Schott’s Miscellany author to talk about his Wodehouse novel

By Joe Skirkowski

Best-selling author Ben Schott will be giving a talk on his new book at Dulwich College tomorrow.

Schott’s novel, ‘Jeeves and the King of Clubs’ is based on the works of famous humorist and Dulwich College alumni, P G Wodehouse.

Wodehouse, who died in 1975, is widely regarded as one of the 20th centuries greatest comedy writers. He is credited with a bibliography of over 90 books, 40 plays and over 200 short stories. During his teenage years he was a student at Dulwich College and many of his later works were based on his experiences at public school. Wodehouse’s most famous characters are undeniably Jeeves and Wooster, an unconventional master and butler double act who have been further immortalised through TV shows and now again through Schott’s book.

The later half of Wodehouse’s career was marred by controversy. Having moved to France in 1939, he was taken prisoner by the invading German army in 1940. After a year in captivity, Wodehouse was released and made a number of politically neutral radio broadcasts aimed at the then neutral USA. Wodehouse was then allowed to continue working freely within German-occupied territory until the end of the war. This led some to accuse the writer of collaboration, a claim that was never properly confirmed or denied.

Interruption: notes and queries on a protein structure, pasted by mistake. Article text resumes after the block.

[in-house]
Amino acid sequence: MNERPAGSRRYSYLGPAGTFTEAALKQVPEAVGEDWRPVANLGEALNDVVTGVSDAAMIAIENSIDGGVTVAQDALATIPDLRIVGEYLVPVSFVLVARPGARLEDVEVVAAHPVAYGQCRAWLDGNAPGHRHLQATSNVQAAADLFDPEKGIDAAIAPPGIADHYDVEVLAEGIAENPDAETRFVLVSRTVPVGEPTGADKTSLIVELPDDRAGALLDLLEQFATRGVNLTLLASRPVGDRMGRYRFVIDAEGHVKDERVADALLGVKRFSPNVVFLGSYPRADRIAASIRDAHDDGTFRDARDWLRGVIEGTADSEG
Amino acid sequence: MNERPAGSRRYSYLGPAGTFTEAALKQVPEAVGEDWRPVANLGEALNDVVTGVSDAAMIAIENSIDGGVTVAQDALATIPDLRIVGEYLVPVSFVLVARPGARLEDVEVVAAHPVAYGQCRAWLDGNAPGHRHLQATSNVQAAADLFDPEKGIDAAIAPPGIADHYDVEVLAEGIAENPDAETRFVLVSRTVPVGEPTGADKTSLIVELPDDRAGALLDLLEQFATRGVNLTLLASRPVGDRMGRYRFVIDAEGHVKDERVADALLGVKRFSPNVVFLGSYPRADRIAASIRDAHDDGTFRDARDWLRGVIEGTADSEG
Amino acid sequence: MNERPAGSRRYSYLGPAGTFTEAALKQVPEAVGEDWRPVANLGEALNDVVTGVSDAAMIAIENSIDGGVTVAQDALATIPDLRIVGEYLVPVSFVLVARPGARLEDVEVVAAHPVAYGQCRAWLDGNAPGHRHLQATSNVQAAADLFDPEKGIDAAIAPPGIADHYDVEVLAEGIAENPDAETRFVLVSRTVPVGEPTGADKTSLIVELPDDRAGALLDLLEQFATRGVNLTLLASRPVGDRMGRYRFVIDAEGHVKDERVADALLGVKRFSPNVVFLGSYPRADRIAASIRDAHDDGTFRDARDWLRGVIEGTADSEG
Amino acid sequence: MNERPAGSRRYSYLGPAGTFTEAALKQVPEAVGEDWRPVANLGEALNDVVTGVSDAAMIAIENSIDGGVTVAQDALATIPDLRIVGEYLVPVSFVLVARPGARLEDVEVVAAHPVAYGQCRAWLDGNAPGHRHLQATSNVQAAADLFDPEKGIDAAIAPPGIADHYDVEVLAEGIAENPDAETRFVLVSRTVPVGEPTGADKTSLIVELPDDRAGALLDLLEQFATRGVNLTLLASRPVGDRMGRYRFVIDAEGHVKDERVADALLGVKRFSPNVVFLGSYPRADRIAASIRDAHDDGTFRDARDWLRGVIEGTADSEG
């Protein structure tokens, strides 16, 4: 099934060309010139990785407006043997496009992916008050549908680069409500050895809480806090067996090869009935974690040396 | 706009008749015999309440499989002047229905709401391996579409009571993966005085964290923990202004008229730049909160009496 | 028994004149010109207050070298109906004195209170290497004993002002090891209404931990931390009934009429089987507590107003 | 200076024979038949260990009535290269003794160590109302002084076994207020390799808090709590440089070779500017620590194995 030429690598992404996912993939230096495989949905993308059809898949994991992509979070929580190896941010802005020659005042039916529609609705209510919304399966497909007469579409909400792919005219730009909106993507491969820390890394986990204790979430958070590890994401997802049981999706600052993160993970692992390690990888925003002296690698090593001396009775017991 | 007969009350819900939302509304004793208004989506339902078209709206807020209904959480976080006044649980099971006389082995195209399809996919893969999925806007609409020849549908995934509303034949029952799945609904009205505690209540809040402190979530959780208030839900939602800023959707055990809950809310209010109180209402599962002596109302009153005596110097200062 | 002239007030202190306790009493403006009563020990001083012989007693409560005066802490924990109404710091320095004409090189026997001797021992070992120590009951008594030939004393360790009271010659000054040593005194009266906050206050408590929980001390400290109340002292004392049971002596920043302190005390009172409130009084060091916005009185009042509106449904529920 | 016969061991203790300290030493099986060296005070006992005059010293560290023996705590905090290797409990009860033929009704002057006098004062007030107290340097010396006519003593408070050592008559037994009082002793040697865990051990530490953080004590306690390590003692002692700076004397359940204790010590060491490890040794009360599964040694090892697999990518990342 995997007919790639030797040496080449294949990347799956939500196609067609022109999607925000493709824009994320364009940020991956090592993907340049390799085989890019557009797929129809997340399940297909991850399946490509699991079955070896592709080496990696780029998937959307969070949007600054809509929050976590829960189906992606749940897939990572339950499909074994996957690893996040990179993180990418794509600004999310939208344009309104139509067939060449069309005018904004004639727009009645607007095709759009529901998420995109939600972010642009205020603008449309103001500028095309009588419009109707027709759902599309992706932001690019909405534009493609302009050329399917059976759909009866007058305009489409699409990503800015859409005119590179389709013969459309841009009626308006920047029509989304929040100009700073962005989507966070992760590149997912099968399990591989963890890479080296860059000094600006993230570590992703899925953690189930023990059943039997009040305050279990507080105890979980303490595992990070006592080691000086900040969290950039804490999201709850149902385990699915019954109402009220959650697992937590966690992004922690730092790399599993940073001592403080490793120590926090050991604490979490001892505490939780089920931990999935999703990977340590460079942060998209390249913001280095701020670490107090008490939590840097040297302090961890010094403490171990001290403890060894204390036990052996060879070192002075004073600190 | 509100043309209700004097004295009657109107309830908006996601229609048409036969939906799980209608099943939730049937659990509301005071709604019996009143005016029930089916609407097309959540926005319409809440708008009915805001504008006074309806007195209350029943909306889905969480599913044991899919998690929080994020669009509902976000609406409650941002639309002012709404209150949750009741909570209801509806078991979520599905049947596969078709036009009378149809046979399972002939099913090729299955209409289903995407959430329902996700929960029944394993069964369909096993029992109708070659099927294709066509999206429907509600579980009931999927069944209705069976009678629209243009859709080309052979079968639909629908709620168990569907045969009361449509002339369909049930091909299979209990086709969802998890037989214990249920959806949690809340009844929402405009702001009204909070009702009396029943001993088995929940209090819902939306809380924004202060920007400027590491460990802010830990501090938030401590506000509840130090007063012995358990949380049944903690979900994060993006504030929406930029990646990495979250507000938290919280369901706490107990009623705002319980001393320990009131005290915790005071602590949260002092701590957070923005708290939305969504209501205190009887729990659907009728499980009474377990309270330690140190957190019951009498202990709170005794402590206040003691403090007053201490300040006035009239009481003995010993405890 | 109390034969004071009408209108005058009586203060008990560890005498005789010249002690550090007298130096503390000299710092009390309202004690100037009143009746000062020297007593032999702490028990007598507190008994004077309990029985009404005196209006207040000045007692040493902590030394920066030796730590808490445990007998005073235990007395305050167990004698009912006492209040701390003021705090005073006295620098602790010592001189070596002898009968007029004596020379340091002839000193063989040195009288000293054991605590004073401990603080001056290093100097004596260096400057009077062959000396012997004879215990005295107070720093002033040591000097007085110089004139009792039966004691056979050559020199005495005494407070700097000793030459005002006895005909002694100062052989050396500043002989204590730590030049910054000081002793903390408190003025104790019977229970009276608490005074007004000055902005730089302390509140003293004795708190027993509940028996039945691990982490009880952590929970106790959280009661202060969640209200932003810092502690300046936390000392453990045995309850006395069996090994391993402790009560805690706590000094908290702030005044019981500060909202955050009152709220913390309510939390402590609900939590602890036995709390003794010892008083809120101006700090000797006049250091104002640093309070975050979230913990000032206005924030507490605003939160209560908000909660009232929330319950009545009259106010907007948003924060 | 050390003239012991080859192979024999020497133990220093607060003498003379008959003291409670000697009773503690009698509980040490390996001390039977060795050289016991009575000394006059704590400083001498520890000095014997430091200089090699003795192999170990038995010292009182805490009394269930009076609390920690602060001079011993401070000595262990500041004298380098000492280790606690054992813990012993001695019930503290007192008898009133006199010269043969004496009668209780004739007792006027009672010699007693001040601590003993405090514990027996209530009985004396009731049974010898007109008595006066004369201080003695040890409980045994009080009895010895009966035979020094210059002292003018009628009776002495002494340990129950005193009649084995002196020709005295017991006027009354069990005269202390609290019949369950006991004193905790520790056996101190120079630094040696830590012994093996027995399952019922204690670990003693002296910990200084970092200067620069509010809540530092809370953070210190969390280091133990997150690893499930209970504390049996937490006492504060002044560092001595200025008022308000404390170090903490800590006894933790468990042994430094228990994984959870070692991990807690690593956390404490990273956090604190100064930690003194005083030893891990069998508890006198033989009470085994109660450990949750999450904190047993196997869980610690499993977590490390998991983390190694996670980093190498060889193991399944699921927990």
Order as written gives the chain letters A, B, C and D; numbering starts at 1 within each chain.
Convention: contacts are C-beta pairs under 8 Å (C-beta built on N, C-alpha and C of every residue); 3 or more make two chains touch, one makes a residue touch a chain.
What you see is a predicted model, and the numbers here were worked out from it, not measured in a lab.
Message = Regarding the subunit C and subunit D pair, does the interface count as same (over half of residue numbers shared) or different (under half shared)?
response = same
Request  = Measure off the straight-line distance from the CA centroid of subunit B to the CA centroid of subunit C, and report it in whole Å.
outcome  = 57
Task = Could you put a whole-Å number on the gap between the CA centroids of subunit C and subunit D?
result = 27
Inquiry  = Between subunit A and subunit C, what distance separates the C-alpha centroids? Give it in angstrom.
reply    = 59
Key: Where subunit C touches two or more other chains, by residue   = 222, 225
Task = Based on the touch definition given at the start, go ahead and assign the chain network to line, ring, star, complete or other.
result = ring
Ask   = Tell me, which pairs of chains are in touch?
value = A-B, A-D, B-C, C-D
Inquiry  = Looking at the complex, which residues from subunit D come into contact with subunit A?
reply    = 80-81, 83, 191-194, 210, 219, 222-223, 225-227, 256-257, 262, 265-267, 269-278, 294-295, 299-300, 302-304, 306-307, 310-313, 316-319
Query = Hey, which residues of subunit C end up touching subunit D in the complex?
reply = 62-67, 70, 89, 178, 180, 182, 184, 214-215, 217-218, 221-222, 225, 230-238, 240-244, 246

Schott has chosen Dulwich College for the venue of his talk on the 26th of February because of the important role the school played in Wodehouse’s life even after he graduated.

Ben Schott made his name as a photographer between 1996 and 2003. He worked for a number of British newspapers and specialised in portraits of celebrities and politicians. He is well known for a number of pieces on politicians of the new labour government, including John Prescott and Tony Blair.

Schott reached new fame in 2002 when he became the author of a best-selling book almost by accident. He had made a book containing lists of what he considered to be vital but hard-to-find information for his friends but on a whim had sent one to the CEO of Bloomsbury who decided to publish it.

‘Schott’s original Miscellanies’ was published in 2002 with little fanfair. However, one day Schott found his book on the cover of the Guardian’s G2 editorial being called the “publishing sensation of the year”. From there Schott went from strength to strength and at one time had two books in the New York Times top 10. He has now turned his Miscellanies into a trilogy that has sold over two million copies and has written several other top sellers.

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